April 11, 2012 (Alarabiya)
April 11, 2012 (Alarabiya)
Eman al-Obeidi who lives in the United States cannot escape her past. It may take years for her to stop being referred to as “that” Libyan woman who, a year ago, stormed into a press conference in Tripoli and charged Muammar Qaddafi’s troops of gang raping her – thus becoming a face of the uprising.
Since that day, Obeidi’s journey has seen her travel to Qatar, Europe and eventually the U.S. where she was granted asylum but she remains a person of interest, one that can’t escape labels.
Qaddafi loyalists said she was a prostitute, a drunk. Some Libyans called her a hero for speaking out while others said she had shamed her people. Newsweek cited her as one of the world’s 150 bravest women. U.S. Secretary of State’s interest in her case is widely believed to be behind Obeidi getting the asylum.
In an interview on Monday with CNN, Obeidi recounted the horrors of her assault – she counts 12 assailants who raped her, even using a Kalashnikov to sodomize her – and of her escape.
And of storming the hotel in Tripoli where she knew human rights investigators were staying. She told CNN she wanted them to see what had happened to her.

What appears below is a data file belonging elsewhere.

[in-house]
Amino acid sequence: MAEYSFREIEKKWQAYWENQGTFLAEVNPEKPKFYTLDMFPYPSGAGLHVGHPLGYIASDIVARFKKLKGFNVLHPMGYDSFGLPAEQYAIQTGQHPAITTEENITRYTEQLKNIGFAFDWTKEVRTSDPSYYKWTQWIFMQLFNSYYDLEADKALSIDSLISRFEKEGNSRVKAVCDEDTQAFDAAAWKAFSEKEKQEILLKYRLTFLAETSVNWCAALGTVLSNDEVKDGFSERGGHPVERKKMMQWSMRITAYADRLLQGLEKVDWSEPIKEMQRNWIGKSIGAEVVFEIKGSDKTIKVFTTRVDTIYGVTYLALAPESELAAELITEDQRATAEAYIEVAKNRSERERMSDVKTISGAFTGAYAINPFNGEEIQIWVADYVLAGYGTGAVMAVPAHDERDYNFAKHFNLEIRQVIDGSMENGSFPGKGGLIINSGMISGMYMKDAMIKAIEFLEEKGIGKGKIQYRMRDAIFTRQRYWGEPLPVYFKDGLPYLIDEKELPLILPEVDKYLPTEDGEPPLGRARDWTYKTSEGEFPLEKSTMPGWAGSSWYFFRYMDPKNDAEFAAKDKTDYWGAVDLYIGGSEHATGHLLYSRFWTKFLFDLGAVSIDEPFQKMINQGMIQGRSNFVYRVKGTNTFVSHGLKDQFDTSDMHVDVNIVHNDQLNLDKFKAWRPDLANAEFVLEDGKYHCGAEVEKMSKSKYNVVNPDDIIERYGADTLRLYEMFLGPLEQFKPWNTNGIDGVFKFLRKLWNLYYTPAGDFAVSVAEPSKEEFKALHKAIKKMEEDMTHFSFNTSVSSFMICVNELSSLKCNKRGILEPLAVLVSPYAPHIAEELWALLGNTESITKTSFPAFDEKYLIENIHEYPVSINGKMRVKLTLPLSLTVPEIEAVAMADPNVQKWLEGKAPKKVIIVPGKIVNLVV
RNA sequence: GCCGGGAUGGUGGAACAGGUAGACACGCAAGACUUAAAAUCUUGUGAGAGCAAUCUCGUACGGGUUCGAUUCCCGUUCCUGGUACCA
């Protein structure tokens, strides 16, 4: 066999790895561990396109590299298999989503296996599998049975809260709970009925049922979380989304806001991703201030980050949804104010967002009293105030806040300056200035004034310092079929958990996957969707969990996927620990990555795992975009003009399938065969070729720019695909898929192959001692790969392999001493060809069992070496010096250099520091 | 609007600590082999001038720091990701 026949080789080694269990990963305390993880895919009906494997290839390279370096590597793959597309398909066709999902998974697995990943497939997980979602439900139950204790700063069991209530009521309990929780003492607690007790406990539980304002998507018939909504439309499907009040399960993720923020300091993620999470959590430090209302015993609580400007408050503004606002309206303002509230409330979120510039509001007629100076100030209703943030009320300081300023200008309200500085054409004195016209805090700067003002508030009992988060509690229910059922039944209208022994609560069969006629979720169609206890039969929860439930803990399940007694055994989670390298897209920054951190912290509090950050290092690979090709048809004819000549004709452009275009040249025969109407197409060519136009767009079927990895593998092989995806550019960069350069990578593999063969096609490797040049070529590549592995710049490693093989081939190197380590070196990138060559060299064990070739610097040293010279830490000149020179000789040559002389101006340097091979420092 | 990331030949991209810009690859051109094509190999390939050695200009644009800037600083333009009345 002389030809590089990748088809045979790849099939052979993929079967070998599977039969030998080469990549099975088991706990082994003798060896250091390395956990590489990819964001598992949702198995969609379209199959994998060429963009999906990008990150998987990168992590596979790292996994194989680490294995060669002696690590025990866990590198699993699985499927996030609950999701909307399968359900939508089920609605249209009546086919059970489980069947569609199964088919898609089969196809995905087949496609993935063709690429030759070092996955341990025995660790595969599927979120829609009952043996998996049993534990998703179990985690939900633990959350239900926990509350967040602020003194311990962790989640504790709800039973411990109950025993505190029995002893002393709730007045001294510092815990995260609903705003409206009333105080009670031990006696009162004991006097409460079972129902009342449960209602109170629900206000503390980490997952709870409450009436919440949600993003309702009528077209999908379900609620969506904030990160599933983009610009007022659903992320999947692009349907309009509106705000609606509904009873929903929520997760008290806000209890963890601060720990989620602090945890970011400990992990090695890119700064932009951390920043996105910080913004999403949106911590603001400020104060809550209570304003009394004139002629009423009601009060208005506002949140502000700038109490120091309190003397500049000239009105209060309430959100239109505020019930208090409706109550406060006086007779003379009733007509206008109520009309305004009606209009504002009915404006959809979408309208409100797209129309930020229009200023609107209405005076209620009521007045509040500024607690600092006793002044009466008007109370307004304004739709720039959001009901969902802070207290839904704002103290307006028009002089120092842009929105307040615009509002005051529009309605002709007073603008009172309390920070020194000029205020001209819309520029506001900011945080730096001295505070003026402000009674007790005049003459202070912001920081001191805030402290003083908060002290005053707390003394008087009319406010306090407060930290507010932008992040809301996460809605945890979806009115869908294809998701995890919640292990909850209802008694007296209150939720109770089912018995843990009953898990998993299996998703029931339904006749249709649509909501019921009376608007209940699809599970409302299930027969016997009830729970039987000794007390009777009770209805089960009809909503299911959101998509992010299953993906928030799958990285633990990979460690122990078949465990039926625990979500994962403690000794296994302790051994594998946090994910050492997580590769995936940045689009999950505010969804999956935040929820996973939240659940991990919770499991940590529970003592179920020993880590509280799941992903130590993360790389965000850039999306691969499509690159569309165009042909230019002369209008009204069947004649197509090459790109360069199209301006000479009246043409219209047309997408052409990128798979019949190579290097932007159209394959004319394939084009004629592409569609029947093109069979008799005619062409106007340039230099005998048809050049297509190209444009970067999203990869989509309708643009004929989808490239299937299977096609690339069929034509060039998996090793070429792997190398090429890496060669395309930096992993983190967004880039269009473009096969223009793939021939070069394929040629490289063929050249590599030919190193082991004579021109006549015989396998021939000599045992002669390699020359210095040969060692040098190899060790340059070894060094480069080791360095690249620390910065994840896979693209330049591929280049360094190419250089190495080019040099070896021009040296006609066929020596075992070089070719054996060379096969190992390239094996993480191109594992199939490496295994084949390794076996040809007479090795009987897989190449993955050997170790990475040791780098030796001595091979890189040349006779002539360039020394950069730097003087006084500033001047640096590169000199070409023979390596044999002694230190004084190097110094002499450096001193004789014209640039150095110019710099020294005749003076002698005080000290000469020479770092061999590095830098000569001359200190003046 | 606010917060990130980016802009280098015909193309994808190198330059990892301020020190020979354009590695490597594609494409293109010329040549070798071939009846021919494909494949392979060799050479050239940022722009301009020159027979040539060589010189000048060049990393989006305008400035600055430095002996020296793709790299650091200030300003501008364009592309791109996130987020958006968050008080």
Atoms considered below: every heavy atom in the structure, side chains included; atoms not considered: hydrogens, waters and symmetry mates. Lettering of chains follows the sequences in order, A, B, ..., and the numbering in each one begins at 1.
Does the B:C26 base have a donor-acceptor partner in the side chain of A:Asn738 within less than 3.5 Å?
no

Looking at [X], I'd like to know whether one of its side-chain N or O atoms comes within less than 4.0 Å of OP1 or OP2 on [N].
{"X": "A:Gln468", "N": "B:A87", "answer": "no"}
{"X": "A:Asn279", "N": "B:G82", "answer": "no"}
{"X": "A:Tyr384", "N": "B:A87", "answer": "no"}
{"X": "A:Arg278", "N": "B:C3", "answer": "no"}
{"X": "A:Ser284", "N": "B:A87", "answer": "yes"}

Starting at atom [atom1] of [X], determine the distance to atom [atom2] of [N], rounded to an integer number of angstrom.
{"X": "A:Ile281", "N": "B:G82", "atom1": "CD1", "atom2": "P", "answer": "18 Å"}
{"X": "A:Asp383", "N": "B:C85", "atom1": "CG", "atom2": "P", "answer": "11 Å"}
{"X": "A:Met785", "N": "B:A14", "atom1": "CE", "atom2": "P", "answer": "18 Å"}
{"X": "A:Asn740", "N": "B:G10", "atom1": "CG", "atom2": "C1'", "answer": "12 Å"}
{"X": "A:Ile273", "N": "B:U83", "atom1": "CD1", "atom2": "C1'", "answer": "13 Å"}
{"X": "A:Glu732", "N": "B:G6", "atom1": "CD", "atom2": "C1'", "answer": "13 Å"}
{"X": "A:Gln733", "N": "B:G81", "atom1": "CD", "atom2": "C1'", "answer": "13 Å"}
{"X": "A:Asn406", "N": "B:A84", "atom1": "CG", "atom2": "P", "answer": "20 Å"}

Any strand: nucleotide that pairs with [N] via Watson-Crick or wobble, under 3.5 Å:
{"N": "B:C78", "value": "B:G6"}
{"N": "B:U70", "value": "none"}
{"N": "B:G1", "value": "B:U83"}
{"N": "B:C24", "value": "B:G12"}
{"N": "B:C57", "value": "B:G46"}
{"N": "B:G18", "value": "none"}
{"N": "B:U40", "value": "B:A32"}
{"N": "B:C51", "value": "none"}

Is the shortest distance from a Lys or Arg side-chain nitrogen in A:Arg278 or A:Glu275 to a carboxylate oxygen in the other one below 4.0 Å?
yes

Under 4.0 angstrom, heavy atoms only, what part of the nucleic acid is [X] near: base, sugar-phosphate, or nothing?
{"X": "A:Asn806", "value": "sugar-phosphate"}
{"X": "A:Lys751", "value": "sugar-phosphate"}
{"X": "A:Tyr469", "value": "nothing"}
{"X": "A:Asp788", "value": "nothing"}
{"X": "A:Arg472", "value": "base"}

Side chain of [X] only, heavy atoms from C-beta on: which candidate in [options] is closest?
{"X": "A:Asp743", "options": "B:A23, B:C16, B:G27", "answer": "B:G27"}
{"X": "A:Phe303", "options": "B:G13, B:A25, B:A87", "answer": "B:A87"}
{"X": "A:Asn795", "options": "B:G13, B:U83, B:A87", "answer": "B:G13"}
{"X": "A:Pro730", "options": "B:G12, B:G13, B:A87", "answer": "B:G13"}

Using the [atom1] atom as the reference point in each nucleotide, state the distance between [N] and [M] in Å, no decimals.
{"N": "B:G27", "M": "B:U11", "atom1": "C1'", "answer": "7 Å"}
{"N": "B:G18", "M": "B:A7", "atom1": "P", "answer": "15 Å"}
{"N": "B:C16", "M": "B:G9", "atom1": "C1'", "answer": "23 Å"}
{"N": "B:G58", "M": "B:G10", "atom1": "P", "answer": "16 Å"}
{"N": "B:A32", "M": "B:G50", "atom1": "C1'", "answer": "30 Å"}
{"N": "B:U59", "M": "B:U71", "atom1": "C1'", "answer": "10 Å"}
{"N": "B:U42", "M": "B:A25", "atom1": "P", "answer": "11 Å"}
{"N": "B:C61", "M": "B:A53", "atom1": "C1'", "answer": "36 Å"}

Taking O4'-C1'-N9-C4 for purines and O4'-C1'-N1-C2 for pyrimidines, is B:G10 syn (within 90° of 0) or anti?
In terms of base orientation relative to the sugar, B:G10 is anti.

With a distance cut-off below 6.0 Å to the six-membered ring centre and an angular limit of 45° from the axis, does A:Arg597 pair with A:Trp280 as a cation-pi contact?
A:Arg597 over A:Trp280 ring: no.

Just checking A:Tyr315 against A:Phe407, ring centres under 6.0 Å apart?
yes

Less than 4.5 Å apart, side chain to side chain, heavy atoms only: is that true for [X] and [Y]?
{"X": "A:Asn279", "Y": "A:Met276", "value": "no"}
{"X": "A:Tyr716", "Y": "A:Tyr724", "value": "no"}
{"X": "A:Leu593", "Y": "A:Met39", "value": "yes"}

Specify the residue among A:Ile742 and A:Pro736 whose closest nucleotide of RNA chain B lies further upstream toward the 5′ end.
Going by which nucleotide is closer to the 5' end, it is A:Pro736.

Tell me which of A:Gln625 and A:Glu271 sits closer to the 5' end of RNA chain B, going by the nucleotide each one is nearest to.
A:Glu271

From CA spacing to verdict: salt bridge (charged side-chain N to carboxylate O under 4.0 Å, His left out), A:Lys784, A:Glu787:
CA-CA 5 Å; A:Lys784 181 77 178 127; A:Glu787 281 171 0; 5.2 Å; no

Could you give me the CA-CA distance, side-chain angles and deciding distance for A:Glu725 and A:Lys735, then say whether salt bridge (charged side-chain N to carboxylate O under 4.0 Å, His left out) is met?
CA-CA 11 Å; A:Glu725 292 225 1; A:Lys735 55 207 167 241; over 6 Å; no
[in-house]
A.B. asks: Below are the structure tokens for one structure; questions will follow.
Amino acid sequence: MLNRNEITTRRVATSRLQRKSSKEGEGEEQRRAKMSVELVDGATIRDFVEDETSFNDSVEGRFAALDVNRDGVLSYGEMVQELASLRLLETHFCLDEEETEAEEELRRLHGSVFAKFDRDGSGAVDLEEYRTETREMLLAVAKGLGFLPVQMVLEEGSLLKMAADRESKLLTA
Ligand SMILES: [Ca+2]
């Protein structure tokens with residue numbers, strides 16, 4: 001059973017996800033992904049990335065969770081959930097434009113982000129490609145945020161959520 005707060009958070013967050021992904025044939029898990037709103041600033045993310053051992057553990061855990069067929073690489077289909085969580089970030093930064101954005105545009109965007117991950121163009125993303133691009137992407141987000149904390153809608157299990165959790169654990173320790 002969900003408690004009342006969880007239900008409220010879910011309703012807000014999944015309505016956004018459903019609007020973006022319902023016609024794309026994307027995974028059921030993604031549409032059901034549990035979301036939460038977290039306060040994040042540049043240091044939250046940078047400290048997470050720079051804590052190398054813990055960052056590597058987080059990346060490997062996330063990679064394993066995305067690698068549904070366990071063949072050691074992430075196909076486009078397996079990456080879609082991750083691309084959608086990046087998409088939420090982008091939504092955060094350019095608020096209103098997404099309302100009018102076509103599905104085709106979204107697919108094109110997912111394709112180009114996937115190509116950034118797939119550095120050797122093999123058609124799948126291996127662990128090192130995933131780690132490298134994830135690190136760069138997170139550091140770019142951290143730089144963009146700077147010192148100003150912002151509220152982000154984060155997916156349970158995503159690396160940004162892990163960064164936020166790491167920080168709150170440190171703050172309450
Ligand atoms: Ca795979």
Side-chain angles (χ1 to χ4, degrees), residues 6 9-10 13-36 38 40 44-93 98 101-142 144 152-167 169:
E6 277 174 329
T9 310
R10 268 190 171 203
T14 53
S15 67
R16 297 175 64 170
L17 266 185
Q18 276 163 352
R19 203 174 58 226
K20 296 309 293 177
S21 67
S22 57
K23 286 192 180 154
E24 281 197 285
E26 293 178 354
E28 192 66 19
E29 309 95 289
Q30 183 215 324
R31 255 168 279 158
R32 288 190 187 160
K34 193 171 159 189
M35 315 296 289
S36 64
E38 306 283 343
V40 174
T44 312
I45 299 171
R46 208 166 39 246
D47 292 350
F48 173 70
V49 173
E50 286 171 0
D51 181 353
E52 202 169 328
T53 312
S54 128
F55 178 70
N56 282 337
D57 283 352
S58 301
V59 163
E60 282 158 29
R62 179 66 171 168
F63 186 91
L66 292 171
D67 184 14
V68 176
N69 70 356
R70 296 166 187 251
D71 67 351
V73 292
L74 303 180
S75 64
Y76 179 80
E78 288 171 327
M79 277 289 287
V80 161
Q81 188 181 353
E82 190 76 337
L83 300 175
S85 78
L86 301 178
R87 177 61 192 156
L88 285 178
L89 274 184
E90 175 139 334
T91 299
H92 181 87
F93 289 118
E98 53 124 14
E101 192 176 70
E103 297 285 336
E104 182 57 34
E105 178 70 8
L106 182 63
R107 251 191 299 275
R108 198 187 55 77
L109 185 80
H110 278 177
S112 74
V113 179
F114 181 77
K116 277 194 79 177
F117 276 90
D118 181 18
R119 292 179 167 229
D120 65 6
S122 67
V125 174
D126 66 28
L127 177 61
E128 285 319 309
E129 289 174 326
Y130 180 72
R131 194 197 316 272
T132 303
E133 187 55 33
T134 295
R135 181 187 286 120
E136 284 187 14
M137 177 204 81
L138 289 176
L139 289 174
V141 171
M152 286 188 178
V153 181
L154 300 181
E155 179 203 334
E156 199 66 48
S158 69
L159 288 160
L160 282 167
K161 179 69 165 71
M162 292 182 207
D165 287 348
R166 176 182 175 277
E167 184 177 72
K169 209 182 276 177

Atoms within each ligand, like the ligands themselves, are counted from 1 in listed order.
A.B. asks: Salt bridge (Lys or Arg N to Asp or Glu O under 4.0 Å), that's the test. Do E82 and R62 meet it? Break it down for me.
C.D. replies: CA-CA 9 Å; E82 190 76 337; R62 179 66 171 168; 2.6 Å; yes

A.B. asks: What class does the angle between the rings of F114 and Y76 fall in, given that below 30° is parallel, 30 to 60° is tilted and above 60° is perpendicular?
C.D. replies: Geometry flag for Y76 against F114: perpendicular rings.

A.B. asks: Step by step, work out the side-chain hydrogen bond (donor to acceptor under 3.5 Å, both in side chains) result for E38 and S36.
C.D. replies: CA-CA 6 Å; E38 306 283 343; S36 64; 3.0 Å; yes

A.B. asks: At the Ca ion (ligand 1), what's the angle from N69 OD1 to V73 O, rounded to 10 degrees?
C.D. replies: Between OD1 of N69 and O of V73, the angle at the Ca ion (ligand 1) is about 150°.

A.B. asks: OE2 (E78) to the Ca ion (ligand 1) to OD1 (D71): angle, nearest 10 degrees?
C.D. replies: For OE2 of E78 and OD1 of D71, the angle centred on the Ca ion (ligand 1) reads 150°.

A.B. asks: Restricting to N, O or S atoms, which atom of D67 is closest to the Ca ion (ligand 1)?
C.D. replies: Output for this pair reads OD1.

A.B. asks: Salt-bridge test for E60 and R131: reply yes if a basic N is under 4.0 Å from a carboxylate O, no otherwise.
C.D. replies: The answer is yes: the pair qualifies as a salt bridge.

In a cruel twist of fate, Obeidi was labeled a traitor and her family too watched their daughter’s character assassination. But they never doubted her.
Her father received a phone call from a man asking that Obeidi retract her story in exchange for money reports CNN.
Obeidi may have endured a tough life under Qaddafi but after the rape, she was determined to leave Libya.
She traveled with a former army officer and his family into Tunisia before arriving in Qatar where the then opposition National Transitional Council was based. However, she did not feel comfortable becoming a political face of the group and after not getting the support she hoped, she was supposed to head to Romania to a refugee camp at the United Nations but found herself back in Libya, having been deported by Qatar.
It was only in July last year that Obeidi landed in the U.S. as an asylum.
Of her initial time in the U.S. she told CNN “There is nothing easy; you have to work.”
The agency helping her settle in spoke of Obeidi’s difficulty in adjusting.
“There’s always something going on. She expects things. She has a sense of entitlement,” her case manager, Majid Shalaan said. After Clinton intervened, “she thought she would be queen.”
However, he feels that she will eventually find her way.
Obeidi tells CNN that she saw Qaddafi’s body stored in a meat locker but did not rejoice, wishing instead that he had faced charges for his crimes.
Picture credit: AP